CTM conference and event news
- Updates from the R&D management Conference office
- Academy of Management Annual Meeting
- The power of sustainable design: adding beauty and aesthetics to waste materials
As many might be aware, the direction of the R&D management conference has moved to the IfM since 2018. Dr Letizia Mortara is working in collaboration with the IfM ECS and RADMA (The R&D management association) to develop this important conference in the technology and innovation management area. The conference will be 40 years old in 2020 and two events are being held to celebrate the community around the R&D management Theme. Keep the dates!
- Innovation across Boundaries: Historical Reflections and Future Vision, 29th June - 1st July, 2020, University of Strathclyde, Glasgow, UK
- Invention to Innovation: creating the conditions for impact, 4th and 5th of August 2020, Simon Fraser University, Vancouver, Canada
News and updates are available from the spanking new website https://www.rnd-conferences.org/ from where you can also see pictures of past events.
At the prestigious 2019 Academy of Management Annual Meeting (August 9-13, Boston, Massachusetts), Dr Letizia Mortara and PhD student Valeria Dammicco have been invited to share their recent research work at the panel discussion on “Makerspaces and Entrepreneurship: Colocation and Collaboration in the Digital Era”. The panel was organised by Joel West (Keck Graduate Institute) and Russell E. Browder, (Baylor University) and sponsored by the TIM, ENT and OCIS divisions.
Valeria and Letizia presented the initial results of Valeria’s PhD research which focuses on the role that Makerspaces (open design and fabrication workshops) are playing in shaping entrepreneurial dynamics in local communities. Letizia, who has been one of the pioneer researchers in this field, already in 2015 started investigating the emergence of these new innovation and production environments and built an initial classification taking the perspective of entrepreneurs who might want to use them. Valeria built on her initial work and has currently looking at Makerspaces as new contexts for entrepreneurial innovation emergence. By travelling to several Makerspaces in the UK and talking to their managers and users, she is investigating how the process of product development happens in newly founded ventures which are also in the process of building their venture infrastructure. She is cross-comparing the experiences of entrepreneurs within and outside of Makespaces to better understand how the various configurations of both tangible and intangible resources such as design and fabrication technologies, knowledge and networks in Makerspaces are affecting the way in which entrepreneurs outside of corporate environments manage to bring their ideas to market.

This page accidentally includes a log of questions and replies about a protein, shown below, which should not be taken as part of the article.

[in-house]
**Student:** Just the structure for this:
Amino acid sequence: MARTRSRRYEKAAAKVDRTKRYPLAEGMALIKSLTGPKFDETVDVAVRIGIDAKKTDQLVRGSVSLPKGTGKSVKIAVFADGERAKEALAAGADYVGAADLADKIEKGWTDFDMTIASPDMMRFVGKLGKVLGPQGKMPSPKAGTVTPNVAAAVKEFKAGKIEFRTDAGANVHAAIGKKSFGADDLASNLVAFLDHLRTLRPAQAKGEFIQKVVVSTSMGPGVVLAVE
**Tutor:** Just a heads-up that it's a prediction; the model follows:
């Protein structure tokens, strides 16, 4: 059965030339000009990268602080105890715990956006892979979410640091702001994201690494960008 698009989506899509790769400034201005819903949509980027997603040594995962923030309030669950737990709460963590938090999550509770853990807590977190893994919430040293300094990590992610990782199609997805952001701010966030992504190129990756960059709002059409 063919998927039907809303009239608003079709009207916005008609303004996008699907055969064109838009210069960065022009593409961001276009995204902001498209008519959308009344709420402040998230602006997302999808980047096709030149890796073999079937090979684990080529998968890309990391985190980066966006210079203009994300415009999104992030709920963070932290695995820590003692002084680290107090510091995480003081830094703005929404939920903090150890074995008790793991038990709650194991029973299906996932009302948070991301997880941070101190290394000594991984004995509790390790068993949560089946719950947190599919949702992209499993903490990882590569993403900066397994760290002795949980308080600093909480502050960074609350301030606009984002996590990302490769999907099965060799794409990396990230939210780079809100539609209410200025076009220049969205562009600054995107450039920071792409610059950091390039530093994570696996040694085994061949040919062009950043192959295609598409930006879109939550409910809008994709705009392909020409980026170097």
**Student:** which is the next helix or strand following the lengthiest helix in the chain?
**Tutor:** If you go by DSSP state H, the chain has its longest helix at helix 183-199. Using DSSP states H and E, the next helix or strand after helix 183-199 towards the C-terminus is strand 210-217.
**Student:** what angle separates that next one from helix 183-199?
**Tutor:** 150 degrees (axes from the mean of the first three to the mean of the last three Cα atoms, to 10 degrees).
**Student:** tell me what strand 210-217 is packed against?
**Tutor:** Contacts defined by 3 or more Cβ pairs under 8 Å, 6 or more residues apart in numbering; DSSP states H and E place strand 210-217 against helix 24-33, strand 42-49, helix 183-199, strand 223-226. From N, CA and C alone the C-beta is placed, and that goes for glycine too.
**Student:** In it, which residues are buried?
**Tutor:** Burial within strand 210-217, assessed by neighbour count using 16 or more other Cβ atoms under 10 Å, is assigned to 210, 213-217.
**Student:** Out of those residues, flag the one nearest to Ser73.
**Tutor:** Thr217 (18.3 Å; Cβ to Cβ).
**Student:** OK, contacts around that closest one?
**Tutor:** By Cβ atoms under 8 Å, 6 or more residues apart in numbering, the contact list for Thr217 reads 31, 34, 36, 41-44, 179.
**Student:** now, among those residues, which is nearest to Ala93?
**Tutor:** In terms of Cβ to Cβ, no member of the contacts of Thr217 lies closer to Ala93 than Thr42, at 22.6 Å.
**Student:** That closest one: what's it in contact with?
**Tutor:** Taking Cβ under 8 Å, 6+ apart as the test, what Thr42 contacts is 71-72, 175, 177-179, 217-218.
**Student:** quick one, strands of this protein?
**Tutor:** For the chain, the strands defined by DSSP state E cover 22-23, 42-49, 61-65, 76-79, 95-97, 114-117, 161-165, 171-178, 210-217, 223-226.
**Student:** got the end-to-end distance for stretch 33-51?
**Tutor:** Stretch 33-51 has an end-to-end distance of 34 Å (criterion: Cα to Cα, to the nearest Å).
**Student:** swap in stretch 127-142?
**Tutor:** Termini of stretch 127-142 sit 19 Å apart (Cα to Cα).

On Wednesday the 27th of November, the Cambridge Makespace (“the community's inventing shed in the heart of Cambridge” https://web.makespace.org) hosted a talk by mexican designer Arturo Soto on “The power of sustainable design: adding beauty and aesthetics to waste materials”. The talk was facilitated by doctorate candidate Valeria Dammicco, in the 3rd year of her PhD at CTM.
Valeria met Arturo during her PhD fieldwork, when she visited the London BlackHorse Workshop (http://www.blackhorseworkshop.co.uk/), a design and fabrication facility -similar to the Cambridge Makespace- which focuses on providing the necessary resources and space for people to make things with their hands.
Arturo runs his business from there, specialing in the design of exclusive and luxurious pieces (www.memoriesofgreen.net) whilst trying to only use sustainable and recycled materials as both a principle and a design challenge. During the talk, he covered various aspects of his design process and how he developed his brand, sharing his own experience of designing with waste materials he collects around some industrial areas in London (like scrap metal and wood).
As part of her PhD work supervised by Dr Letizia Mortara, Valeria has been examining different types of fabrication spaces and their role as potential drivers of entrepreneurial development in local communities.
The concept of fabrication spaces emerged out of the 'maker' movement, which places an emphasis on sharing tools, time and knowledge in local workshops to create both digital and physical artefacts — from computer codes to customised products, designed to fit individual needs —.
The very presence of these facilities is radically changing the way we think about manufacturing, since the tools and resources necessary to experiment with product innovation are now being democratised and made accessible to many. These new types of organisations are still emerging and there is no one specific model or agenda shared across these communities (there are over 100 just in the UK). This makes it particularly interesting to investigate how different configurations of both tangible and intangible resources can affect the entrepreneurial innovation journey of individuals.
If you are interested in the project, or know anyone who used these facilities to develop and commercialise a product, contact Valeria email@example.com.